Fall 2016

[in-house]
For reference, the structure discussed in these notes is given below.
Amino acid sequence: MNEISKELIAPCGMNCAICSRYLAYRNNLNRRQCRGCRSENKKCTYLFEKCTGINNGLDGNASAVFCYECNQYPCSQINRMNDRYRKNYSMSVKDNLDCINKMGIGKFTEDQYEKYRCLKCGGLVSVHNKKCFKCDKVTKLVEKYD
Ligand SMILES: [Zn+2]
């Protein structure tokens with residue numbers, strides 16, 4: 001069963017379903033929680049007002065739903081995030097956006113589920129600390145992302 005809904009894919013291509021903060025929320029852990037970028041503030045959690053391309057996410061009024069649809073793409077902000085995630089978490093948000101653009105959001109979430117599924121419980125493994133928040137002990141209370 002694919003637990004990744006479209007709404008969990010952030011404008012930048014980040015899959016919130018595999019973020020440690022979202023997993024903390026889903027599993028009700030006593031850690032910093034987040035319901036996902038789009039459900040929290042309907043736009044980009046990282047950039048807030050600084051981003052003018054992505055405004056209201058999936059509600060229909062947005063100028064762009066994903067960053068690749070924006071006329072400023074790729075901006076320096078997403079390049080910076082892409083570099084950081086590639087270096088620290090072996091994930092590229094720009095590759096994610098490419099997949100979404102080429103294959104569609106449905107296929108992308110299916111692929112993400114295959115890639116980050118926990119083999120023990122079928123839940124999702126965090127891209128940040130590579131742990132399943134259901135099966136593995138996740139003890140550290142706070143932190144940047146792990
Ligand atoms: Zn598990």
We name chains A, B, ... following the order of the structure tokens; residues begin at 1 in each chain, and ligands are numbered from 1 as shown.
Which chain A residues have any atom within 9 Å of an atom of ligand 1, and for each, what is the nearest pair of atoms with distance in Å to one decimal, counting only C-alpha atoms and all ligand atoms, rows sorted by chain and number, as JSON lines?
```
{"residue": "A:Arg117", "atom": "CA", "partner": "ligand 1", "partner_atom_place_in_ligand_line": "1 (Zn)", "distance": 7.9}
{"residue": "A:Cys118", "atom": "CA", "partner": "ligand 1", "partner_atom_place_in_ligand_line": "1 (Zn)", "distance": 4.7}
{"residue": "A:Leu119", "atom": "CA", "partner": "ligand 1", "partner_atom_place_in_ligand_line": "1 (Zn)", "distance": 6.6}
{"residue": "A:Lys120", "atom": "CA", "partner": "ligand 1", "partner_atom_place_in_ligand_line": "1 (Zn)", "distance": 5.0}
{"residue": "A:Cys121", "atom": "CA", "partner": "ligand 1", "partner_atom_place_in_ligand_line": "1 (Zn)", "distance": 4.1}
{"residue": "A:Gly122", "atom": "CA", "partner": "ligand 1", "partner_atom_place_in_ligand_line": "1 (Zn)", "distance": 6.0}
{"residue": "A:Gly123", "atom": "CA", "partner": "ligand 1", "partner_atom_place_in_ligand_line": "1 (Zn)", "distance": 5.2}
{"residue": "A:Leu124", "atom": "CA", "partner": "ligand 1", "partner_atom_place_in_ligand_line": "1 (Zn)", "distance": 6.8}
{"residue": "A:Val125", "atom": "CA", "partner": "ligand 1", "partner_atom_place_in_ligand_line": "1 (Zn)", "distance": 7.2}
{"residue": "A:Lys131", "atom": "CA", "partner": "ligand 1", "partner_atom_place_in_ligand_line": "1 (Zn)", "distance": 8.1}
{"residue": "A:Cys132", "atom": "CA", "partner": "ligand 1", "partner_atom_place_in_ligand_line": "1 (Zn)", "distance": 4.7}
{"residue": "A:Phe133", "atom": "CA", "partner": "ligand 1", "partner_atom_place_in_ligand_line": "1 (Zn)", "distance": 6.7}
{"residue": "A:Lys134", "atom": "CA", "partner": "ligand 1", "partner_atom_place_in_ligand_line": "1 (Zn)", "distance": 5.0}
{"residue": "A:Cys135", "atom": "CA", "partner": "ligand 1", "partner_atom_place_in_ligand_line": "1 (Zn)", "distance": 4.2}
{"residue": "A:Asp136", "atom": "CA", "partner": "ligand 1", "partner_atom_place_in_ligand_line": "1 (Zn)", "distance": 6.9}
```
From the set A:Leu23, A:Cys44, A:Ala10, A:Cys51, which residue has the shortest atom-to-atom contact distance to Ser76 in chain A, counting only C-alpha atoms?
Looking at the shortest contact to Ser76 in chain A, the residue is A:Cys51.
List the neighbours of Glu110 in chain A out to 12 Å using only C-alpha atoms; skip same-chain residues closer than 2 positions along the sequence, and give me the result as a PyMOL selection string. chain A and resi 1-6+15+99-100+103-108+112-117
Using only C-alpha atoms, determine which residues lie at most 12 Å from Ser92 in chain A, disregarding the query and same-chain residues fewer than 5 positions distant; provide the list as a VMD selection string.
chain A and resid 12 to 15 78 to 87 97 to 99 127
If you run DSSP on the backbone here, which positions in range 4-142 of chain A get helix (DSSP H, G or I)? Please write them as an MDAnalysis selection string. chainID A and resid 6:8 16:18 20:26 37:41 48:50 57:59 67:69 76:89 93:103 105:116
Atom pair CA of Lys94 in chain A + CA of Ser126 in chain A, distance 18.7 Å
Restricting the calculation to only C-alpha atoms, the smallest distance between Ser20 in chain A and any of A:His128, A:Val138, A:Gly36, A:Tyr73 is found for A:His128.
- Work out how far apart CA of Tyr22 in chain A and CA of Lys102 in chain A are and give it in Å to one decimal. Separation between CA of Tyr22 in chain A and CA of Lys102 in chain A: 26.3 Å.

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93 Q4 2016 / CINEMONTAGE Women Film Editors: Unseen Artists of American Cinema by David Meuel McFarland & Company Paperback, 216 pages, $35.00 ISBN #978-1-4766-6294-7 by Betsy A. McLane "G reat film editing begins with great pictures," said Barbara "Bobbie" McLean in a 1977 interview in Film Comment magazine. She could make such a gracious statement with authority at that point, after cutting for more than 60 years, beginning as a schoolgirl patching together release prints in her father's Patterson, New Jersey film laboratory. McLean's decades editing such films as the early Mary Pickford talkie Coquette (Sam Taylor, 1929), Henry King's Twelve O'Clock High (1949) and The Gunfighter (1950), and Joseph Mankiewicz's All About Eve (1950) — as well as the challenges of editing the first film shot in Cinemascope, The Robe (Henry Koster, 1953) — provide credits enough. It is the seven Oscar nominations, recognition as one of the first two recipients of the American Cinema Editors' Lifetime Achievement Award and, chiefly, her position as editorial supervisor, trusted confidant and right-hand woman to Darryl F. Zanuck at 20th Century-Fox that leads author David Meuel to say that McLean could quite well be "the top Hollywood film editor of her era." And he has much more to add. Although largely invisible to the public, within the profession women picture editors like McLean and Margaret Booth, Verna Fields, Dede Allen, ACE, and Thelma Schoonmaker, ACE, are regarded as pre-eminent. Women Film Editors: Unseen Artists of the American Cinema gives each her due and also illuminates the contributions of other important women editors, some of whom may be unfamiliar even to Hollywood history cognoscenti. Meuel profiles nine in some depth; in addition to the five above, these include Anne Bauchens (who appears on the book's cover), Viola Lawrence, Dorothy Spencer and Anne V. Coates, ACE. Nine others are afforded briefer, but serious mention: Rose Smith, Dorothy Arzner, Blanche Sewell, Adrienne Fazan, Marcia Lucas, Carole Littleton, ACE, Susan E. Morse, ACE, Lisa Fruchtman and Sally Menke, ACE. As the author is quick to note, there are others, and his modest volume only begins to explore the subject. There is criminally little research and writing on the often astounding careers of female editors. The same might well be said about many of their male counterparts, since most editors do tend to be unseen artists. Yet men came to dominate the field by the late 1920s and continue that hegemony today. Recent historians' efforts have reclaimed some attention for many female filmmakers, especially in the area of silent film studies. The Women Film Pioneers Project at Columbia University (wfpp.cdrs.columbia. edu) is one of the best. Through efforts like this it is now well known that many women played central roles in the founding of the film industry. Proportionately, there were more women employed in every aspect of the business during its first two decades than at any time since. It is also understood that as the companies consolidated, as larger amounts of money were involved, as film work became a more prestigious occupation, and eventually as the assembly-line practices of the studio system were codified, women were discouraged from pursuing editing, if not actually pushed out of jobs. Lawrence, a full-fledged editor for D.W. Griffith at Vitagraph by 1915, applauded as editor of Howard Hawks' Only Angels Have Wings (1939) and derided as a destroyer of Orson Welles' director's cut of The Lady from Shanghai (1947), is quoted by Meuel as saying of her husband Frank (who taught her editing and supervised editors at Paramount in the 1920s), "He just hated them [women]… If any of the girls were cutting — if they did get the chance to cut — he'd put them right back as assistants." That some women thrived for decades and others managed to CUT/PRINT Early on, a Woman's Place Was in the Cutting Room CONTINUED ON PAGE 102

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